North Korea: China’s ‘nightmare neighbour’ does it again


By Stephen McDonell -BBC News, Beijing
In the small Chinese city of Yanji, the ground was moving.

This Korean-speaking region sits on the border with North Korea and soon local bloggers were posting images on social media of things shaking.
What they could not have known was that this earthquake was man-made.
Not far away, the government in Pyongyang was soon declaring the successful test of a hydrogen bomb – its most powerful to date.
The timing was a clear slap in the face for Beijing.
Just hours after the underground nuclear test, President Xi Jinping was due to make a speech as the head of state for the nation hosting the Brics summit, which would welcome delegates from Brazil, Russia, India and South Africa to Xiamen.
It is conceivable that North Korea did not necessarily choose the opening day of this major diplomatic gathering for its test but it certainly did not see the need to call it off for fear of offending China.
And, what is more, these weapons test “coincidences” are now starting to mount up when it comes to Xi Jinping.
In March, just before the Chinese leader was set to meet United States Secretary of State Rex Tillerson in Beijing, North Korea announced the successful test of a new type of rocket engine.
Another coincidence?
Then in May President Xi was preparing to open the One Belt One Road forum. The leaders of dozens of nations had come to the Chinese capital to discuss economic development and transport infrastructure around the Chinese leader’s signature foreign policy initiative. Then, whoooooosh! Off goes another North Korean missile test to steal the limelight before the summit could even get going.
That this could have happened again with the Brics summit is incredible.
Xi Jinping – who is also the chair of the Central Military Commission in China – cannot be happy with this emerging pattern.
The North Koreans, in turn, would be furious with the behaviour of their old Cold War allies. China has not only backed sanctions against them in the United Nations Security Council but, as the isolated regime’s principal trading partner, it has also been the principal implementer of these sanctions, turning back coal shipments and the like.
How China could fight back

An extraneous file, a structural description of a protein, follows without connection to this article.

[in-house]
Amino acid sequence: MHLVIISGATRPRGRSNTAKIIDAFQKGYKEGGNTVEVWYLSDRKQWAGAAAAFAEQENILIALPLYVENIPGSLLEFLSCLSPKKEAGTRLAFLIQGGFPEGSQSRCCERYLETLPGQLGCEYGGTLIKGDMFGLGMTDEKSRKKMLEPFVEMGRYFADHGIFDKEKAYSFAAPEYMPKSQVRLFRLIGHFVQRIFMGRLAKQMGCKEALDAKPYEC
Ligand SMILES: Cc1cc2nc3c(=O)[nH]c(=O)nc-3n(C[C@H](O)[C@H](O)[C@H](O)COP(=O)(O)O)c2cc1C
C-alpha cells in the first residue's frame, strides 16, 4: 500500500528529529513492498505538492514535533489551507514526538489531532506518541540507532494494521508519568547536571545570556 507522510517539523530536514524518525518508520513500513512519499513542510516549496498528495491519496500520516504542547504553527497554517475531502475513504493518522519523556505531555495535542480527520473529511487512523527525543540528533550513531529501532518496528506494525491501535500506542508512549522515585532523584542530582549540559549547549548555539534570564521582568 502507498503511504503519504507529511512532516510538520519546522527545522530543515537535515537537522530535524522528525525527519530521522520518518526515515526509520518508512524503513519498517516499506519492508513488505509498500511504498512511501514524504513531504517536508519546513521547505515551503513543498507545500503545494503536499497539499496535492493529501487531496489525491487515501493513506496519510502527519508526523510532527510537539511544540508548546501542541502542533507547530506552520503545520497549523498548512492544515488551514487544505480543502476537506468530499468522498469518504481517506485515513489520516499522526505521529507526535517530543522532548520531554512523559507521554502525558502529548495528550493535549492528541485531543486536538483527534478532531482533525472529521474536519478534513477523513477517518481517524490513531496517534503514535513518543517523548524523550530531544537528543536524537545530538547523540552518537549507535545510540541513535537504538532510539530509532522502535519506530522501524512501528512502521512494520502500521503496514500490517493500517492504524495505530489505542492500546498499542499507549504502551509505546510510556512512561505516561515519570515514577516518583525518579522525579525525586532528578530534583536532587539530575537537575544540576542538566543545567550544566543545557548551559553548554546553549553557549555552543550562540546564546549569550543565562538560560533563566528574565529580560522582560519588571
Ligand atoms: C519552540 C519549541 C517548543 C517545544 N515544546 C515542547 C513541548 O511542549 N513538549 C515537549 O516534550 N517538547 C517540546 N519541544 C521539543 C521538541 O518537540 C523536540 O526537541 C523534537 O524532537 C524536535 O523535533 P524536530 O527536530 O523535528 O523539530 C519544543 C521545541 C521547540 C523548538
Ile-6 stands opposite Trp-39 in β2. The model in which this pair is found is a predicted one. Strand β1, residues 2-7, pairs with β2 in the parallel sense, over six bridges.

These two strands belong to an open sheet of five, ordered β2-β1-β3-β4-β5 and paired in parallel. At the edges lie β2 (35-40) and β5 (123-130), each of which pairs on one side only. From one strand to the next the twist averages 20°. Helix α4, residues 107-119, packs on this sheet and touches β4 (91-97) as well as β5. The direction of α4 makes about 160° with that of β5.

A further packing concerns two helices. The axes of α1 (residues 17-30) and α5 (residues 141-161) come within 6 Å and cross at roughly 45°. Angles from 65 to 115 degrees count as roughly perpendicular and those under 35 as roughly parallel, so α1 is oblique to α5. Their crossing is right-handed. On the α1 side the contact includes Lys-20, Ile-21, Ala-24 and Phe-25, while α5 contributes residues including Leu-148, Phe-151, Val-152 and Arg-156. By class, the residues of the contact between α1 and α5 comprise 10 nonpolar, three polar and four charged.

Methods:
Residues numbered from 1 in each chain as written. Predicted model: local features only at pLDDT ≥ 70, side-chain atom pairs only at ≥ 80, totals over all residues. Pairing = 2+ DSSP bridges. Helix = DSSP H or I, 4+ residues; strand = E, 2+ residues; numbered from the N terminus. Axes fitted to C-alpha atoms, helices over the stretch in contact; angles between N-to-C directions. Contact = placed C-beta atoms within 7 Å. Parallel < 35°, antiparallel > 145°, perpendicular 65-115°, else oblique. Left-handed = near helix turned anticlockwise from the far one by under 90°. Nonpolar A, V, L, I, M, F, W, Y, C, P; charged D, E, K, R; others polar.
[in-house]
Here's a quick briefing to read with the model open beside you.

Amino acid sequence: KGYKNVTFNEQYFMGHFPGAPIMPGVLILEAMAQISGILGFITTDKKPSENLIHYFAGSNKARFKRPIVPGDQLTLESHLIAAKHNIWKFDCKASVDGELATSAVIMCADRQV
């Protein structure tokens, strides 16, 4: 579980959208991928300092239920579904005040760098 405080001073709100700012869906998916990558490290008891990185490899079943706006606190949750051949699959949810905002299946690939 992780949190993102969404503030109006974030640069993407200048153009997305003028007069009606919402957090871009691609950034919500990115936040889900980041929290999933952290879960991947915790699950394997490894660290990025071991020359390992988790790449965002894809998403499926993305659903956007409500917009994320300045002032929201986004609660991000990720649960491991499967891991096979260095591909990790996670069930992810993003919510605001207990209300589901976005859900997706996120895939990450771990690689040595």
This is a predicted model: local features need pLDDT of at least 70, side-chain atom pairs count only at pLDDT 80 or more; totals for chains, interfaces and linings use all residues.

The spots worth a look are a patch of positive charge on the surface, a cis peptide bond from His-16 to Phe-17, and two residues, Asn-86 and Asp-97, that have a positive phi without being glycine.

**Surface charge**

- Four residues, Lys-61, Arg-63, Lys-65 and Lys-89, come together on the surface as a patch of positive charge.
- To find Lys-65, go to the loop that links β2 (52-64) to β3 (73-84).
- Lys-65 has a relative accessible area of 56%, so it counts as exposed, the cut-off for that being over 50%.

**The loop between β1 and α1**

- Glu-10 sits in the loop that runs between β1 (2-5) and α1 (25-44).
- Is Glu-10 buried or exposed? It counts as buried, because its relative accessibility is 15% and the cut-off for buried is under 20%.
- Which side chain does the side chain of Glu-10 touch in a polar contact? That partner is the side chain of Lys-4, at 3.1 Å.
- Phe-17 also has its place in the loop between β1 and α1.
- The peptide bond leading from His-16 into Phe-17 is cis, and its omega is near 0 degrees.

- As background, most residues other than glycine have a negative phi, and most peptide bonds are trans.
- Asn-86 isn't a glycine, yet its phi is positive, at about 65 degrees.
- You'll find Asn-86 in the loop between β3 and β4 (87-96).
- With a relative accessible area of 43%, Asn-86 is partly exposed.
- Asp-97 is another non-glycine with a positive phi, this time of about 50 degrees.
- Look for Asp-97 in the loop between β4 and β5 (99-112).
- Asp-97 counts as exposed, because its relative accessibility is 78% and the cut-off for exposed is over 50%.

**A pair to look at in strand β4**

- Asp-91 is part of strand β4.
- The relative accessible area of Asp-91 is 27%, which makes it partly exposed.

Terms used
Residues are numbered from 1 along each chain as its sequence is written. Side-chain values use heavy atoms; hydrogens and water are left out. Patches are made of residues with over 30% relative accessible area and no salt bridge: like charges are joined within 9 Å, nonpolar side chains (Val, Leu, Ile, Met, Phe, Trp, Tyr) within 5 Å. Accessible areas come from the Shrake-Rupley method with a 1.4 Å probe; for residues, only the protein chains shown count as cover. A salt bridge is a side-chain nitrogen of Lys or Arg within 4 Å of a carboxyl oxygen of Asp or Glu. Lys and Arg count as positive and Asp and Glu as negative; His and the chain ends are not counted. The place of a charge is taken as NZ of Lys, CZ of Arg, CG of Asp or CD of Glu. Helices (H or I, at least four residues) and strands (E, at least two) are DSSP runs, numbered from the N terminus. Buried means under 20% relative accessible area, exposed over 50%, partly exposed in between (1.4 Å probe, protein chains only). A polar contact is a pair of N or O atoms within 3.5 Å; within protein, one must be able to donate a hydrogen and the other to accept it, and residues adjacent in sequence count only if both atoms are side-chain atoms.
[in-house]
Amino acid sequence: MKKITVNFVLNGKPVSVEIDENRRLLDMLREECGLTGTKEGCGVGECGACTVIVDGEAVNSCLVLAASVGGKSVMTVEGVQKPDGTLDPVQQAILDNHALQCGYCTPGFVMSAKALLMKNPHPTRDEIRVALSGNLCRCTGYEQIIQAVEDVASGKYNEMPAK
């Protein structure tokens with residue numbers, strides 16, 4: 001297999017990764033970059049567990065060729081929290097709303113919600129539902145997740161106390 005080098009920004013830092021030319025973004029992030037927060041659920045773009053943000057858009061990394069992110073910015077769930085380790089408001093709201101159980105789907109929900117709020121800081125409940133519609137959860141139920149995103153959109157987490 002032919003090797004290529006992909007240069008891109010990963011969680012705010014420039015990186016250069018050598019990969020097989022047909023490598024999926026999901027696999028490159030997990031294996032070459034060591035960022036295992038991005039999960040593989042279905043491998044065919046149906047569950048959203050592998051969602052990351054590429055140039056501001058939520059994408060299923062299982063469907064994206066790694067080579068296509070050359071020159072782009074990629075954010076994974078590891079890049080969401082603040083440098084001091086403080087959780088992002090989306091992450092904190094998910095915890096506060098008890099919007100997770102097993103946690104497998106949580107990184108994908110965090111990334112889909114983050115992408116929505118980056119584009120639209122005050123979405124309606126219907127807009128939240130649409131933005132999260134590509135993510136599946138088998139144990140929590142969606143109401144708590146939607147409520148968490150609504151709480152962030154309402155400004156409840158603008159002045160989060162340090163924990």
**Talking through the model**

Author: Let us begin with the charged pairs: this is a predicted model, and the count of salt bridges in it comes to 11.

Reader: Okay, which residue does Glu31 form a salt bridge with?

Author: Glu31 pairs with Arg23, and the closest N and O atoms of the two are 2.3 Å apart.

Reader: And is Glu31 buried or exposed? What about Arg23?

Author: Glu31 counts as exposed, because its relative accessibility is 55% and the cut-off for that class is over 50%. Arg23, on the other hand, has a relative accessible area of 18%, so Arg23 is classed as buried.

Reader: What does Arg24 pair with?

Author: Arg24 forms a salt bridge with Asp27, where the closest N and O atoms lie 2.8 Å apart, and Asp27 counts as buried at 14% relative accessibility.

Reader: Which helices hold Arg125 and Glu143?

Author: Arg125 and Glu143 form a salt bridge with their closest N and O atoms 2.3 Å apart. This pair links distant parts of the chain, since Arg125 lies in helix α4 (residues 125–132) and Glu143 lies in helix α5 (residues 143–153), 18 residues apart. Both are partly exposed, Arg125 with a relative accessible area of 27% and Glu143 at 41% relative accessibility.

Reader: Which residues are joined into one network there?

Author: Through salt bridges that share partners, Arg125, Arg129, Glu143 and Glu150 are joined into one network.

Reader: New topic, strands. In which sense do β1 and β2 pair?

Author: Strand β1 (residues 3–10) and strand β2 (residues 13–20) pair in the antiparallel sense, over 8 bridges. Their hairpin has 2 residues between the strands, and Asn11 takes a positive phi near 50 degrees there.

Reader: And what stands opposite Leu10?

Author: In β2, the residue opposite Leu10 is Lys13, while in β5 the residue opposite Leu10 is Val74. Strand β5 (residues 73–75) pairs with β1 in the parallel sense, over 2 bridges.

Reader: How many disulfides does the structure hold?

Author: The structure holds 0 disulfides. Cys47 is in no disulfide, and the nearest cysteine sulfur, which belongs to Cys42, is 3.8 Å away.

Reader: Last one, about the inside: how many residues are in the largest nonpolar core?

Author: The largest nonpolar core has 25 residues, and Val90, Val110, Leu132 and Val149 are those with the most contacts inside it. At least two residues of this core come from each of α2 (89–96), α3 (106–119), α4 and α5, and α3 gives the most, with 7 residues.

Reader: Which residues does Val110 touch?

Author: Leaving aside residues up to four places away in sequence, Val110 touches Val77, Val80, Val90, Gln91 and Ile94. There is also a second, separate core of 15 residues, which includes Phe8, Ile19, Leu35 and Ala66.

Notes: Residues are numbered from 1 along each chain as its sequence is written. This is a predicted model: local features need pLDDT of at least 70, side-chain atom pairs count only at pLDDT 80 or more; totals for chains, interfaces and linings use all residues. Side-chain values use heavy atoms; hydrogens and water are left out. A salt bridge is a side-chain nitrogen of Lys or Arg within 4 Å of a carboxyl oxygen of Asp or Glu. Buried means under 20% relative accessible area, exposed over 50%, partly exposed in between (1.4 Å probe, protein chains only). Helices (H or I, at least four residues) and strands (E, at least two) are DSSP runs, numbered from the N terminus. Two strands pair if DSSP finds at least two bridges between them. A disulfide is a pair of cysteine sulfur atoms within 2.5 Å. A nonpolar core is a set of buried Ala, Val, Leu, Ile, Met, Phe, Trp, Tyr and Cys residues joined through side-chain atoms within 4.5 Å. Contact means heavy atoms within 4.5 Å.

Yet most observers know that, if it really wanted to, Beijing could bring crippling economic pain to North Korea. Heading into winter, it could freeze oil and gas supplies.
Then there are the banks.
North Korea is thought to conduct an enormous amount of laundered business via Chinese financial institutions. Various front businesses have been set up to facilitate money and products to flow in and out of the country with the assistance of these bodies. The Chinese government cannot be unaware of this and they could pull the plug on it tomorrow if they wanted to.
But they don’t for one reason.
The Chinese government does not like the regional instability that their neighbour’s nuclear weapons testing programme brings, but Beijing fears something even more.
They worry that total regime collapse in Pyongyang, leading to a unified Korean Peninsula dominated by the South, could lead to US troops on the border within marching distance of Yanji and they will put up with an awful lot from the Democratic People’s Republic of Korea as long as this does not happen.
The Environment Ministry here has announced that it has now started “emergency radiation testing” along the frontier. The government’s displeasure would be significant if Chinese territory has been contaminated.
The Chinese Foreign Ministry’s official response to this latest North Korean nuclear weapons test condemned it strongly but, with increasingly loud calls coming for this country to do more to pressure Kim Jong-un to give up intercontinental ballistic missile ambitions, there would be serious frustration within the upper echelons of the Chinese Communist Party as to what they can realistically do next.
The North Korean leader has made his nuclear ambitions a hallmark of his administration to the extent that it is hard to see what type of offering or threat could alter this situation.
That is, unless the US and China have come up with a secret agreement which would see American troops leave Korea in the event of unification… if that was in place it could change everything.


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